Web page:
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Head v. Smith

United States District Court, W.D. Michigan, Southern Division

January 12, 2018

CHARLES HUDSON HEAD, III, Petitioner,
v.
WILLIE SMITH, Respondent.

          OPINION

          Paul L. Maloney United States District Judge.

         This is a habeas corpus action brought by a state prisoner under 28 U.S.C. § 2254. Promptly after the filing of a petition for habeas corpus, the Court must undertake a preliminary review of the petition to determine whether “it plainly appears from the face of the petition and any exhibits annexed to it that the petitioner is not entitled to relief in the district court.” Rule 4, Rules Governing § 2254 Cases; see 28 U.S.C. § 2243. If so, the petition must be summarily dismissed. Rule 4; see Allen v. Perini, 424 F.2d 134, 141 (6th Cir. 1970) (district court has the duty to “screen out” petitions that lack merit on their face). A dismissal under Rule 4 includes those petitions which raise legally frivolous claims, as well as those containing factual allegations that are palpably incredible or false. Carson v. Burke, 178 F.3d 434, 436-37 (6th Cir. 1999). After undertaking the review required by Rule 4, the Court concludes that Petitioner has failed to exhaust his available state-court remedies as to all claims raised in the petition. Because Petitioner has fewer than 60 days remaining in the limitations period for filing a habeas petition, the Court will not dismiss the action at this time, pending Petitioner's compliance with the further directions of this Court set forth in this opinion and attached order.

         Discussion

         I. Factual allegations

         Petitioner Charles Hudson Head, III is incarcerated with the Michigan Department of Corrections at Ionia Correctional Facility (ICF) in Ionia, Michigan. Petitioner is serving concurrent sentences of 50 to 75 years, imposed on July 3, 2014, following his June 12, 2014, conviction by a Wayne County Circuit Court jury on one count of aiding and abetting third-degree criminal sexual conduct, Mich. Comp. Laws § 750.520d(1)(b), one count of assault with intent to do great bodily harm, Mich. Comp. Laws § 750.84, and one count of armed robbery, Mich. Comp. Laws § 750.529. The jury acquitted Petitioner of two counts of first-degree criminal sexual conduct and one count of kidnapping. Petitioner's concurrent sentences are consecutive to terms of imprisonment for which he had been on parole when he committed these offenses.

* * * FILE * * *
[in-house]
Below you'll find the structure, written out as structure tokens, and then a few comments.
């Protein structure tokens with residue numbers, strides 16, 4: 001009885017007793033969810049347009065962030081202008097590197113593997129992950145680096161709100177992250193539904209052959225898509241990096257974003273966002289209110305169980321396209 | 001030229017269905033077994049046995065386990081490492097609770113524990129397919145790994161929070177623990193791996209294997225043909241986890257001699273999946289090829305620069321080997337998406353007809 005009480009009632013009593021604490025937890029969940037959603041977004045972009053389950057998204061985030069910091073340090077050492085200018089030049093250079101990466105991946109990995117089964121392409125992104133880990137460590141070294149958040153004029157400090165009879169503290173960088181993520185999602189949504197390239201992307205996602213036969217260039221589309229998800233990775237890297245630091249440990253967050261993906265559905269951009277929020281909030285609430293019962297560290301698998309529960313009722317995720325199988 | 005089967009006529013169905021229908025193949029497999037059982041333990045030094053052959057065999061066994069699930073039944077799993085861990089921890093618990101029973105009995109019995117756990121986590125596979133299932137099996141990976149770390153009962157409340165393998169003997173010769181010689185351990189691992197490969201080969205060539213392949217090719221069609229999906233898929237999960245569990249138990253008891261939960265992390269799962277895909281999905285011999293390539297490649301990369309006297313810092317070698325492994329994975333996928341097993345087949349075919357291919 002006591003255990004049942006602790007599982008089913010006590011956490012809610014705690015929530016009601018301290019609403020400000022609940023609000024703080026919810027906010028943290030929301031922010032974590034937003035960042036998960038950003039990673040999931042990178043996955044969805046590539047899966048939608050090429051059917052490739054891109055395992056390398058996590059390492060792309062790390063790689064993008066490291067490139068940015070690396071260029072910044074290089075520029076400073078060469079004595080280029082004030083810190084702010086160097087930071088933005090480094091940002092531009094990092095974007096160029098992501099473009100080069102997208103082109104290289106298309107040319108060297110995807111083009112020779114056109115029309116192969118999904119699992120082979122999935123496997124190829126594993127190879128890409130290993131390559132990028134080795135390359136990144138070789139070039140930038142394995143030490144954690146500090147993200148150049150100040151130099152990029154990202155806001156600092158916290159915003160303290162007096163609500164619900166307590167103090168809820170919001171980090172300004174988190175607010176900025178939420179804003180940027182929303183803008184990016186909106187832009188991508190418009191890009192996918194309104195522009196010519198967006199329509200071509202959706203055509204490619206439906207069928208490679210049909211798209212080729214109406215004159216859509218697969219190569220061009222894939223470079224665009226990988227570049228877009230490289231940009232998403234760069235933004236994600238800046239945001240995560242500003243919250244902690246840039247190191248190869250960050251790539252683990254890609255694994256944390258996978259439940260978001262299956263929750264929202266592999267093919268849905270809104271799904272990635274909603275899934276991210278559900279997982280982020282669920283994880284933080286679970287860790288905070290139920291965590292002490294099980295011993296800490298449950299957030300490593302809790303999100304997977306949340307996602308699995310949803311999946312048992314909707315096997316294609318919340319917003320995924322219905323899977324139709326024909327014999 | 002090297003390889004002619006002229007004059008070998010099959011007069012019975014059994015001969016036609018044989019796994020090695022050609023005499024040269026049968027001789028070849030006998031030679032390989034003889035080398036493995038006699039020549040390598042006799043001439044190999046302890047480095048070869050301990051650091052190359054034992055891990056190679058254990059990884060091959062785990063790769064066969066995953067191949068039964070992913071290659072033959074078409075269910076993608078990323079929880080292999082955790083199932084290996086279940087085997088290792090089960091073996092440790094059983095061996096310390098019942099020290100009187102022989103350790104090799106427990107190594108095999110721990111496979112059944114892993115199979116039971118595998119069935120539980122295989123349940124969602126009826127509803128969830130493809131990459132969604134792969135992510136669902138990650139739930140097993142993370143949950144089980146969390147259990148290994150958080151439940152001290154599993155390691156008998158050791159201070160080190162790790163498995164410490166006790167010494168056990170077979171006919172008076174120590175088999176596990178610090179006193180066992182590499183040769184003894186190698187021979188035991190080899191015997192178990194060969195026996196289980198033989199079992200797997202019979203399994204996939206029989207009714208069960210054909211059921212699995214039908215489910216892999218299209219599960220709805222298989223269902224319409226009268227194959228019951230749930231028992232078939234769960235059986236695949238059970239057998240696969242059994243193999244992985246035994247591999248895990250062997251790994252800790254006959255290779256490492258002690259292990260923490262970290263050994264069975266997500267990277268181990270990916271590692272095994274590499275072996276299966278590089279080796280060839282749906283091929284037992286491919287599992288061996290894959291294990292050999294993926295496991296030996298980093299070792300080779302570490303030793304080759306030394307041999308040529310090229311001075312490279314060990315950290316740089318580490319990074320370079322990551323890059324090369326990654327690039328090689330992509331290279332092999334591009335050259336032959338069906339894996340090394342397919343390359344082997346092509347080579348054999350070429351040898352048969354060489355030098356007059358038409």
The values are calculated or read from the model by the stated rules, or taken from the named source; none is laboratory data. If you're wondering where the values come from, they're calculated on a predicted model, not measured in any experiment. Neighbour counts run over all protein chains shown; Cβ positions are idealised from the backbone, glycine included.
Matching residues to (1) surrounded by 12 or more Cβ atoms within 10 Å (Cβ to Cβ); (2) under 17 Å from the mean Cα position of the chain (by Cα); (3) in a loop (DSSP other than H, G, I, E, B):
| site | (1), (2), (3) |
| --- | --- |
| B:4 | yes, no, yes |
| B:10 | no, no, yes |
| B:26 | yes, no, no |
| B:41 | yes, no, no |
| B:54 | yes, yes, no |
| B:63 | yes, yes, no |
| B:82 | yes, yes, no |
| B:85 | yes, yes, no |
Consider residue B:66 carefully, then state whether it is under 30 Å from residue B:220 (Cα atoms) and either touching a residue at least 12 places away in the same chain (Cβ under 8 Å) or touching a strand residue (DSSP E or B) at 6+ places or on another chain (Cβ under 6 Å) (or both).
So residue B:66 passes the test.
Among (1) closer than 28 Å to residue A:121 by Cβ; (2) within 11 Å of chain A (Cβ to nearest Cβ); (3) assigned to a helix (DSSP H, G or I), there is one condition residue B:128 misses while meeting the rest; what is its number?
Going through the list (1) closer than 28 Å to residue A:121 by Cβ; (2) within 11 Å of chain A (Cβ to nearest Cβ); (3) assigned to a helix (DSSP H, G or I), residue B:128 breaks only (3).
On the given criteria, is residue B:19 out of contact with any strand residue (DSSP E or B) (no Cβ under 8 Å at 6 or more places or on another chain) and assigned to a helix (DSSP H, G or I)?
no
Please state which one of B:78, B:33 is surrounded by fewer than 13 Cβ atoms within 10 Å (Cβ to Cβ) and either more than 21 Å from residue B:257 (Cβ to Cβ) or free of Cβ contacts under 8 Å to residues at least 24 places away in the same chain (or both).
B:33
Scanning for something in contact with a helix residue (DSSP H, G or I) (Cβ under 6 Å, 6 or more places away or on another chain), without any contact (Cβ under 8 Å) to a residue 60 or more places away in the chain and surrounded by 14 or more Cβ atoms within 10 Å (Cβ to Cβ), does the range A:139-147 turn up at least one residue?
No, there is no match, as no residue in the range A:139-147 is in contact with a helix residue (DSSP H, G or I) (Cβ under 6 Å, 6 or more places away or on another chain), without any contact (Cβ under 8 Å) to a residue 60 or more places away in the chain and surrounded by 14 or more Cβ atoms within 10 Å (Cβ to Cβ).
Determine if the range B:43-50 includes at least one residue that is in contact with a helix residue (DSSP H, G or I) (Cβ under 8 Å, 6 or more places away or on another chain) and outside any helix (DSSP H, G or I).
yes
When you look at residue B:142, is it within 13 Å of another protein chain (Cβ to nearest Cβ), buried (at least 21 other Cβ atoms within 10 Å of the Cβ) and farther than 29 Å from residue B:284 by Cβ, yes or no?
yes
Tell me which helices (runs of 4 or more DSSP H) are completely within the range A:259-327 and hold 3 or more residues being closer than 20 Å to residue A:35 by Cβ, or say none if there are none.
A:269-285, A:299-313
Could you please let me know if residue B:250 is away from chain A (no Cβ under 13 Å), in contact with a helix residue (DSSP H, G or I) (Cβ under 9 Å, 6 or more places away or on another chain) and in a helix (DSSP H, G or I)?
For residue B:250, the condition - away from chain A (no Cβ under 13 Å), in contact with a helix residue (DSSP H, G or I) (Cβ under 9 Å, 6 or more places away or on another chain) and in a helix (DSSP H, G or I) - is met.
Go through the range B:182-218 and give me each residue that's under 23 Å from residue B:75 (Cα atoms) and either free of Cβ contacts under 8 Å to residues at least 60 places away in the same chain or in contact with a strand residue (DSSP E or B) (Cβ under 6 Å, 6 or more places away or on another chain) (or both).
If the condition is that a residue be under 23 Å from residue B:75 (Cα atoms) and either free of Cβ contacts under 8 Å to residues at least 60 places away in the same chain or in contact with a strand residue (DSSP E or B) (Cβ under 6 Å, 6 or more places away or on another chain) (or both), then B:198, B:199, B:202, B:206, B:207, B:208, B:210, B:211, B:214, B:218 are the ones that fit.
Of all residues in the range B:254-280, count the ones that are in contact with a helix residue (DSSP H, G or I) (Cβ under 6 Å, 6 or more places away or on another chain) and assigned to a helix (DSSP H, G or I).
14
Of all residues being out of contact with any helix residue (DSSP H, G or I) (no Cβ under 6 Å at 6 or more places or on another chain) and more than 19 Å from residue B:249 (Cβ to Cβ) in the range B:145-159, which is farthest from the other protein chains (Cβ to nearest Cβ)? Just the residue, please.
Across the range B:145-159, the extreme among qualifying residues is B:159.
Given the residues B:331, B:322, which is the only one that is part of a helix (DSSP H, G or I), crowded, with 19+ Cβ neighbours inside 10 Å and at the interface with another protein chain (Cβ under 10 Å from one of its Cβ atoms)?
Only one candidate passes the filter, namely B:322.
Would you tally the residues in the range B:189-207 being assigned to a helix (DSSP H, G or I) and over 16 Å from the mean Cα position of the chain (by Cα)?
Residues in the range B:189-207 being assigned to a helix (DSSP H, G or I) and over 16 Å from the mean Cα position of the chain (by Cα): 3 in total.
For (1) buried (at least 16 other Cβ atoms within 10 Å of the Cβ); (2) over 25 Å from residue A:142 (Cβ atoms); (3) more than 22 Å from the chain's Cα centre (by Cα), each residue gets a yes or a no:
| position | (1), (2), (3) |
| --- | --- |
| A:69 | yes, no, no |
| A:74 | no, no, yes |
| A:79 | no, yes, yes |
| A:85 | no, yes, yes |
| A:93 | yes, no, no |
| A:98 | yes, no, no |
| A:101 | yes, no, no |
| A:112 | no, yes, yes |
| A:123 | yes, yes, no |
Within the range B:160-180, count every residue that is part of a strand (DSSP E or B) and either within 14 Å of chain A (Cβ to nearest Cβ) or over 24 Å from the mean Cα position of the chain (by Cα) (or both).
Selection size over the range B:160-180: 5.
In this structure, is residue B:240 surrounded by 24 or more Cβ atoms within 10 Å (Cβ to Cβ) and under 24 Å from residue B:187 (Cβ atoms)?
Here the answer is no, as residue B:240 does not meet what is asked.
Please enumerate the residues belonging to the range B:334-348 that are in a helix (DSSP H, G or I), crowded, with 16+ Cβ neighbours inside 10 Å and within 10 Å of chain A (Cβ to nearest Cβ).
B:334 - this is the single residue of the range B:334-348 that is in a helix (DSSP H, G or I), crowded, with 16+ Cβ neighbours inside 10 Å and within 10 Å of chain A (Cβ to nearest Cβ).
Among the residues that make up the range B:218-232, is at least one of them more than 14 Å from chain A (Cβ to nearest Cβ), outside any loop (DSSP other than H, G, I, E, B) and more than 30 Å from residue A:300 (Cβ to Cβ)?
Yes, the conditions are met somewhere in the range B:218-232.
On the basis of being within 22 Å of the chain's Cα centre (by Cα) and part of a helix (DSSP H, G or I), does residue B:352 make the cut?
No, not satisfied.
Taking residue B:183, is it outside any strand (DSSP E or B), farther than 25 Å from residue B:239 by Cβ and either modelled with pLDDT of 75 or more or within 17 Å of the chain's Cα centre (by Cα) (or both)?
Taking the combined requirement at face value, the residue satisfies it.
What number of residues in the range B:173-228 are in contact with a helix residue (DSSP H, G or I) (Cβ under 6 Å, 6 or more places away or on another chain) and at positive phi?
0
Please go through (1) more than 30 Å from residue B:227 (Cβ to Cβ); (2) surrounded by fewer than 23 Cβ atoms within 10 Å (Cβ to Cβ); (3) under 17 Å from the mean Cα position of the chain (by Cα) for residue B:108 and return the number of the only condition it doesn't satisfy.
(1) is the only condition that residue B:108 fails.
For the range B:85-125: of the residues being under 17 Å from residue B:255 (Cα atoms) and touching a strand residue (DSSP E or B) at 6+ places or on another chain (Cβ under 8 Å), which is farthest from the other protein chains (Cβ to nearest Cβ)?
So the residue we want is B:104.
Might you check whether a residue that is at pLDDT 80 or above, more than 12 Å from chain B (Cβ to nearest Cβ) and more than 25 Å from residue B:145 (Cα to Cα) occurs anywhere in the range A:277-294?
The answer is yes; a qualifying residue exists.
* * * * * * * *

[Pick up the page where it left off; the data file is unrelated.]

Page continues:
Petitioner directly appealed his conviction and sentences. In the Michigan Court of Appeals, through his brief filed with the assistance of counsel and his Standard 4 brief, [1] he raised seven issues:

I. The evidence was not legally sufficient to prove beyond a reasonable doubt that Mr. Head aided and abetted in the third-degree criminal sexual conduct committed by another individual rendering that conviction constitutionally defective and necessitating reversal under the due process guarantees of the 14th Amendment and Const. 1963, Art. 1, § 17.
II. [Petitioner's] Fourth Amendment rights [were] violated where the arrest warrant was premised on false testimony.
III. [Petitioner's] constitutional rights to the effective assistance of counsel [were] violated.
IV. [Petitioner's] constitutional right to due process was violated where the evidence was insufficient to prove beyond a reasonable doubt that [Petitioner] committed armed robbery.
V. The trial court abused its discretion by erroneously scoring offense variables 4, 7, and 10 contrary to the evidence recorded.
VI. [Petitioner's] constitutional right to due process was violated where the evidence was insufficient to prove beyond a reasonable doubt that [Petitioner] committed assault with intent to do great bodily harm less than murder.
VII. [Petitioner's] constitutional right to due process was violated where the eyewitness identification testimony was improperly suggestive and had no independ[e]nt basis.

(Pet'r's Br. on Appeal, ECF No. 1-1, PageID.18 (Issue I); Pet'r's Standard 4 Br. on Appeal, ECF No. 1-1, ...


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